Intel® Xeon Phi™ coprocessor Power Management Part 2a: Core C-States, The Details


Here is a quick summary of what C-states are. C-states are idle power saving states, in contrast to P-states, which are execution power saving states. During a P-state, the processor is still executing instructions, whereas during a C-state (other than C0), the processor is idle, meaning that nothing is executing. To make a quick analogy, a processor lying idle is like a house with all the lights on when no one is at home. Consuming all that power is doing nothing other than providing your electric company a little extra income. What is the best option? If no one is at home, meaning the house is idle, why leave the lights on? The same applies to a processor. If no one is using it, why keep the unused circuits powered up and consuming energy? Shut them down and save.

C0 is the “null” idle power state, meaning it is the non-idle state when the core is actually executing and not idle.


The coprocessor has up to 60+ cores in one package. Core idle power states (C-states) are per core, meaning that one of those 60+ cores can be in C0, i.e. it is executing and not idle, while the one right next door is in a deep power conservation state of C6. In contrast, PC-states are Package idle states which are idle power conservation states for the entire package, meaning all 60+ cores and supporting circuitry on the silicon. As you can guess, to drop the package into a PC-6 state, all the cores must also be in a C6 state. Why? Since the package has functionality that supports all the cores, to “turn off” some package circuitry impacts all of them.

Figure 1 Dropping a core into a core-C1 state



Each core has 2 idle states, C1 and C6 (and, of course, C0).

C0 to Core-C1 Transition: Look at Figure 1. C1 happens when all 4 hardware (HW) threads supported by a core have executed a HALT instruction. At this point, let us now think of each of the 4 HW threads as the Operating System (OS) perceives them, namely as 4 separate CPUs (CPU 0 through 3). Step 1: the first three CPUs belonging to that core execute their HALT instruction. Step 2: that last CPU, CPU-0 in the illustration, attempts to execute its HALT instruction. Step 3: it interrupts to an idle residency data collection routine. This routine collects, you guessed it, idle residency data and stores that data in a data structure accessible to the OS. CPU 0 then HALTs. Step 4: at this point, all the CPUs are halted and the core enters a core-C1 state. In the core-C1 state, the core (and its “CPUs”) is clock gated1.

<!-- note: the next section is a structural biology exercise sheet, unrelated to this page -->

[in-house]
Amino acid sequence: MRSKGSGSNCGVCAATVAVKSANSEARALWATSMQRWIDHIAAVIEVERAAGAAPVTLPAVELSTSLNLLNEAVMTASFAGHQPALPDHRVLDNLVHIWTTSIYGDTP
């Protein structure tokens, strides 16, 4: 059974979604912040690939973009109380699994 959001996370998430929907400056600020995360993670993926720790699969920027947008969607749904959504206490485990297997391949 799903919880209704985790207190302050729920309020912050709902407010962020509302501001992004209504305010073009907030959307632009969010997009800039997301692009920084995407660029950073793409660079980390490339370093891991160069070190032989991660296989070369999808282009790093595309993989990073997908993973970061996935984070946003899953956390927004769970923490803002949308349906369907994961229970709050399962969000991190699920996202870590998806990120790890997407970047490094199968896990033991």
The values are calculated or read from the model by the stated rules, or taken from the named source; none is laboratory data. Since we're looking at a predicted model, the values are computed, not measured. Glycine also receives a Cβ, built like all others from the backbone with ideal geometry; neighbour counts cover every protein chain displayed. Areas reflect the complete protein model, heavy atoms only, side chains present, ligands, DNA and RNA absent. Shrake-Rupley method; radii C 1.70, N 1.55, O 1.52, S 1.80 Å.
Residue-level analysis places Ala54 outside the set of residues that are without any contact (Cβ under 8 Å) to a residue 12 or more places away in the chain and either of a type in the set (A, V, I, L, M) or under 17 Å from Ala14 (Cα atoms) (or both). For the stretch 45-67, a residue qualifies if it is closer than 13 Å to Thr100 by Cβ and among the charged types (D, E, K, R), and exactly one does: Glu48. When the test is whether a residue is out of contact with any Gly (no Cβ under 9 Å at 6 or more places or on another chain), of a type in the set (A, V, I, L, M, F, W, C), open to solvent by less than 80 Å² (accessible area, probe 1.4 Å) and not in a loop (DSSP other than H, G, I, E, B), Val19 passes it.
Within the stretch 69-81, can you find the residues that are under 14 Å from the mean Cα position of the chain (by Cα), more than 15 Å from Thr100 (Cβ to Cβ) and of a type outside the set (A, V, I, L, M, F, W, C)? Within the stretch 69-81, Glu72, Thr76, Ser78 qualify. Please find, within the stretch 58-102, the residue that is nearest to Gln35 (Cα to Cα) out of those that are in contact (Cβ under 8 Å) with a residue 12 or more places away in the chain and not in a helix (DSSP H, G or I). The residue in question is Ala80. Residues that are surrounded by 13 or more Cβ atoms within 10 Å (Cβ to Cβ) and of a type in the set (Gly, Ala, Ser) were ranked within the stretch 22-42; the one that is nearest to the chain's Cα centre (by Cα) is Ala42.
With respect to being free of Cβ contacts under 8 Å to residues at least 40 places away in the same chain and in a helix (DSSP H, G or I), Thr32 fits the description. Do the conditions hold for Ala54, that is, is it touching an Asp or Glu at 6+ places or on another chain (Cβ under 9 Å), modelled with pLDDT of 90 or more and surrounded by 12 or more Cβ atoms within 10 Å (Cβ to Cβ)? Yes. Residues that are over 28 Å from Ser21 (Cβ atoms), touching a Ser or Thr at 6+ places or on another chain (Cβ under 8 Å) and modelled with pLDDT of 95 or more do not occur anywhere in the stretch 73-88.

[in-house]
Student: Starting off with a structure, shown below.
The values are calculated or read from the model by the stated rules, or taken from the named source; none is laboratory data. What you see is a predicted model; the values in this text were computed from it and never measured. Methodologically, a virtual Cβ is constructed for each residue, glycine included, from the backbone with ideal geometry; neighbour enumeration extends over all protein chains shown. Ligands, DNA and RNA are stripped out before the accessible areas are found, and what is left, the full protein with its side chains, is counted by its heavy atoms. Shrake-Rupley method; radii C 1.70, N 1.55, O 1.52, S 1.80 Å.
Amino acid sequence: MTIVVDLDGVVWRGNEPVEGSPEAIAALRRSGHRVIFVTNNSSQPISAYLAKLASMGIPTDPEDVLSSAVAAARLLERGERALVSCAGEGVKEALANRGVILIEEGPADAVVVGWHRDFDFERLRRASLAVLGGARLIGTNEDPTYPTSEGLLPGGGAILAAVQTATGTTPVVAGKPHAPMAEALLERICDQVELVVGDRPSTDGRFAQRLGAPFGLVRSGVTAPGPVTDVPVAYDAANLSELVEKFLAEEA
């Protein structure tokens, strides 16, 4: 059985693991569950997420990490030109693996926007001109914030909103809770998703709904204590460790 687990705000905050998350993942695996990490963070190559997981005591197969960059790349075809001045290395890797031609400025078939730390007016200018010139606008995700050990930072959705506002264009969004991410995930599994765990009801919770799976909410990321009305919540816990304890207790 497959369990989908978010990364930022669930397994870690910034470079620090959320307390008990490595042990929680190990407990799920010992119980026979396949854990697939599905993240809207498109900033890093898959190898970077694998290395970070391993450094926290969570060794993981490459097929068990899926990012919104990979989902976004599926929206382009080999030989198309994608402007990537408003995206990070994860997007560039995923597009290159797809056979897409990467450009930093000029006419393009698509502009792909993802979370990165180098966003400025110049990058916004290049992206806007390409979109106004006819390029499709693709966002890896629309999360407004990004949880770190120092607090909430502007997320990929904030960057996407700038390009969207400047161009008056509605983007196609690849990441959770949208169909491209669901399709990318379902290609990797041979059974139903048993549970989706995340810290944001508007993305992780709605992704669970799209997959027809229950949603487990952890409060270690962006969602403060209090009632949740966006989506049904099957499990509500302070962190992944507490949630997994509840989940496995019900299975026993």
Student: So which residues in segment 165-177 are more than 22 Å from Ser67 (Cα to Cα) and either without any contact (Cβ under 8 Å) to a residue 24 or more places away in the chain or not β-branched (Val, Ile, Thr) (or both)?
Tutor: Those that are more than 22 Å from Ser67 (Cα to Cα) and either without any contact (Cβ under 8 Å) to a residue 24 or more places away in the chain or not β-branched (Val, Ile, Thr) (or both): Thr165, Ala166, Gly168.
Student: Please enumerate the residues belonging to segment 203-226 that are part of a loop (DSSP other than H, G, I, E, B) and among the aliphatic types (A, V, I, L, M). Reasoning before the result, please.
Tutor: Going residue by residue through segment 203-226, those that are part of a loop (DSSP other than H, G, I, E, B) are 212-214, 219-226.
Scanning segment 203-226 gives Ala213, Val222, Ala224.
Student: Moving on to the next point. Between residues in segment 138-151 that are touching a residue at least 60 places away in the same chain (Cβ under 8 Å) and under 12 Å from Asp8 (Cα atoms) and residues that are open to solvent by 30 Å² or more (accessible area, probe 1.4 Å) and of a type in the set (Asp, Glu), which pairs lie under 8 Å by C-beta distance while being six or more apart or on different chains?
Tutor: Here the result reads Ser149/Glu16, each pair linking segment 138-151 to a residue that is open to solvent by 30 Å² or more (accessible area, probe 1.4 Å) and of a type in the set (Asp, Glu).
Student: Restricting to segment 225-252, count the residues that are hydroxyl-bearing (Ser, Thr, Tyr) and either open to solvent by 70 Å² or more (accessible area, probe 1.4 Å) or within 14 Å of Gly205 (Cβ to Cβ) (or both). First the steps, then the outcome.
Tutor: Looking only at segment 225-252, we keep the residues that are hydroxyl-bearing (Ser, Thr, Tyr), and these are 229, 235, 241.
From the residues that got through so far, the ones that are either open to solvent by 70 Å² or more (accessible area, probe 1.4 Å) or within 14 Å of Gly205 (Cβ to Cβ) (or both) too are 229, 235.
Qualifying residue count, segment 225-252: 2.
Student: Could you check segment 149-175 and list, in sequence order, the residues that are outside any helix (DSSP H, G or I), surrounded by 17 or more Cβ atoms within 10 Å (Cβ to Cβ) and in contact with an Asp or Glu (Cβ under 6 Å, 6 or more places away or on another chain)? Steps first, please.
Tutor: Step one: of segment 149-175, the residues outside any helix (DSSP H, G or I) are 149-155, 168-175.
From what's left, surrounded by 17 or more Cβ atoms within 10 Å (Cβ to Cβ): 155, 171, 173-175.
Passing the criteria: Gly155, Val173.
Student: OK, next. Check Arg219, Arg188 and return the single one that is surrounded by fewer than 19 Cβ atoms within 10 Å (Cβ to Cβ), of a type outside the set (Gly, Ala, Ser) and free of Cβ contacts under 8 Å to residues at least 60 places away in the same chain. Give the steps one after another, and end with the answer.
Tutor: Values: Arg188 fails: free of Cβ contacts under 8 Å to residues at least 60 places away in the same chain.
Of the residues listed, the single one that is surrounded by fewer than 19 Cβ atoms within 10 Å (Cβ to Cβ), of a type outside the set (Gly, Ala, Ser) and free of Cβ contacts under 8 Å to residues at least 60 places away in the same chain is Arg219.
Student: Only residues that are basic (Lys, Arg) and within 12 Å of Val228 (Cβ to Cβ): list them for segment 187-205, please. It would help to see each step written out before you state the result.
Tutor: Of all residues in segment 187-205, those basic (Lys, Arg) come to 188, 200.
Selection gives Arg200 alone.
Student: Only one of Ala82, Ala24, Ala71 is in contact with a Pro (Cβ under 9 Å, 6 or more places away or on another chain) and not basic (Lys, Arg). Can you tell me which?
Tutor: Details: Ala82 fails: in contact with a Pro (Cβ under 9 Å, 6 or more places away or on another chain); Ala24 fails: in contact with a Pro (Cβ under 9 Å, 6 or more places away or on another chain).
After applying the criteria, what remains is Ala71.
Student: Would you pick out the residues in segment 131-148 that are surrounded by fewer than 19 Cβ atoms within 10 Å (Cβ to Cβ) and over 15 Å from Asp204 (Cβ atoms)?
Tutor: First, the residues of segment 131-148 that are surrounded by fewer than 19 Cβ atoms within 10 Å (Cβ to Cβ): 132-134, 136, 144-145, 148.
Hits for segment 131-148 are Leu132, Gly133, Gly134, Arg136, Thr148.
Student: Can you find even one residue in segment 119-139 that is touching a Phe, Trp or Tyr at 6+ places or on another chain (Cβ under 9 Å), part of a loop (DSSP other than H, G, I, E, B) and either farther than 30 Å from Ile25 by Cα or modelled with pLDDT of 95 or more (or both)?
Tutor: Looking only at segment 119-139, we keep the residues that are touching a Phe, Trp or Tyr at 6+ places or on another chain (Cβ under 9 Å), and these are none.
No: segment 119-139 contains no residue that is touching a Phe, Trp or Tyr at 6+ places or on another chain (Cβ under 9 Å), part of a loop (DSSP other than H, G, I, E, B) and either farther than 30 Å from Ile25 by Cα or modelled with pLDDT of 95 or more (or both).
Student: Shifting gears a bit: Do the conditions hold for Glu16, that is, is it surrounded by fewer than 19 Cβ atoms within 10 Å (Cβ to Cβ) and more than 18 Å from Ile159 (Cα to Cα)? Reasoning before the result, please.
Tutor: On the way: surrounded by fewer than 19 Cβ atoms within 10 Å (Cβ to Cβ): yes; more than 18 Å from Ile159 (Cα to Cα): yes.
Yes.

Figure 2 Is it worth entering C6: Is the next interrupted far enough out?



Figure 3 Is it worth entering C6: Is the estimated idle time high enough?

After entering core-C1: Now that the core is in C1, the coprocessor’s Power Management routine comes into play. It needs to figure out whether it is worthwhile to shut the core down further and drop it into a core-C6 state. In a core-C6 state, further parts of the core are shut down and power gated. Remember that the coprocessor’s Power Management SW executes on the OS core, typically core 0, and is not affected by the shutdown of other cores.

What type of decisions does the coprocessor’s Power Management have to make? There are two primary ones as we discussed in the last blog2: Question#1: Will there (probably) be a net power savings? Question #2: Will any restart latency adversely affect the performance of the processor or of applications executing on the processor? Those decisions correspond to two major scenarios and are shown in the two clever illustrations above. (See Figures 2 and 3.) Scenario 1 is where the coprocessor PM looks at how far away is the next scheduled or expected interrupt. If that interrupt is soon enough, it may not be worth shutting down the core further and suffering the added latency caused by bringing the core back up to C0. As is the case in life, the processor can never get anything for free. The price of dropping into a deeper C state is an added latency resulting from bringing the core/package back up to the non-idle state. Scenario 2 is where the coprocessor’s Power Management looks at the history of core activity (meaning its HW threads) and figures out whether the execution (C0) and idle (C1) patterns of the core make core-C6 power savings worthwhile.

If the answers to both of these questions are “yes”, then the core drops down into a core-C6 state.

After entering core-C6: Well dear reader, it looks like I have run out of time. The processor next decides if it can drop into the package idle states. I will cover that discussion in my next blog in this series.



For those of you with a passion for power management, check out the Intel® Xeon Phi™ Coprocessor Software Developer’s Guide. It has state diagrams and other goodies. I recommend sections 2.1.13, “Power Management”, and all of section 3.1, “Power Management (PM)” for your late night reading.

Kidd, Taylor, “There's got to be a catch,” Intel® Corporation, April 29th, 2008.

Kidd, Taylor, “(update) C-states, C-states and even more C-states,” Intel® Corporation, March 27th, 2008.


1All CPUs have at least one oscillator (clock) that emits a timing pulse. The circuits of the processor use this timing pulse to coordinate all activities.


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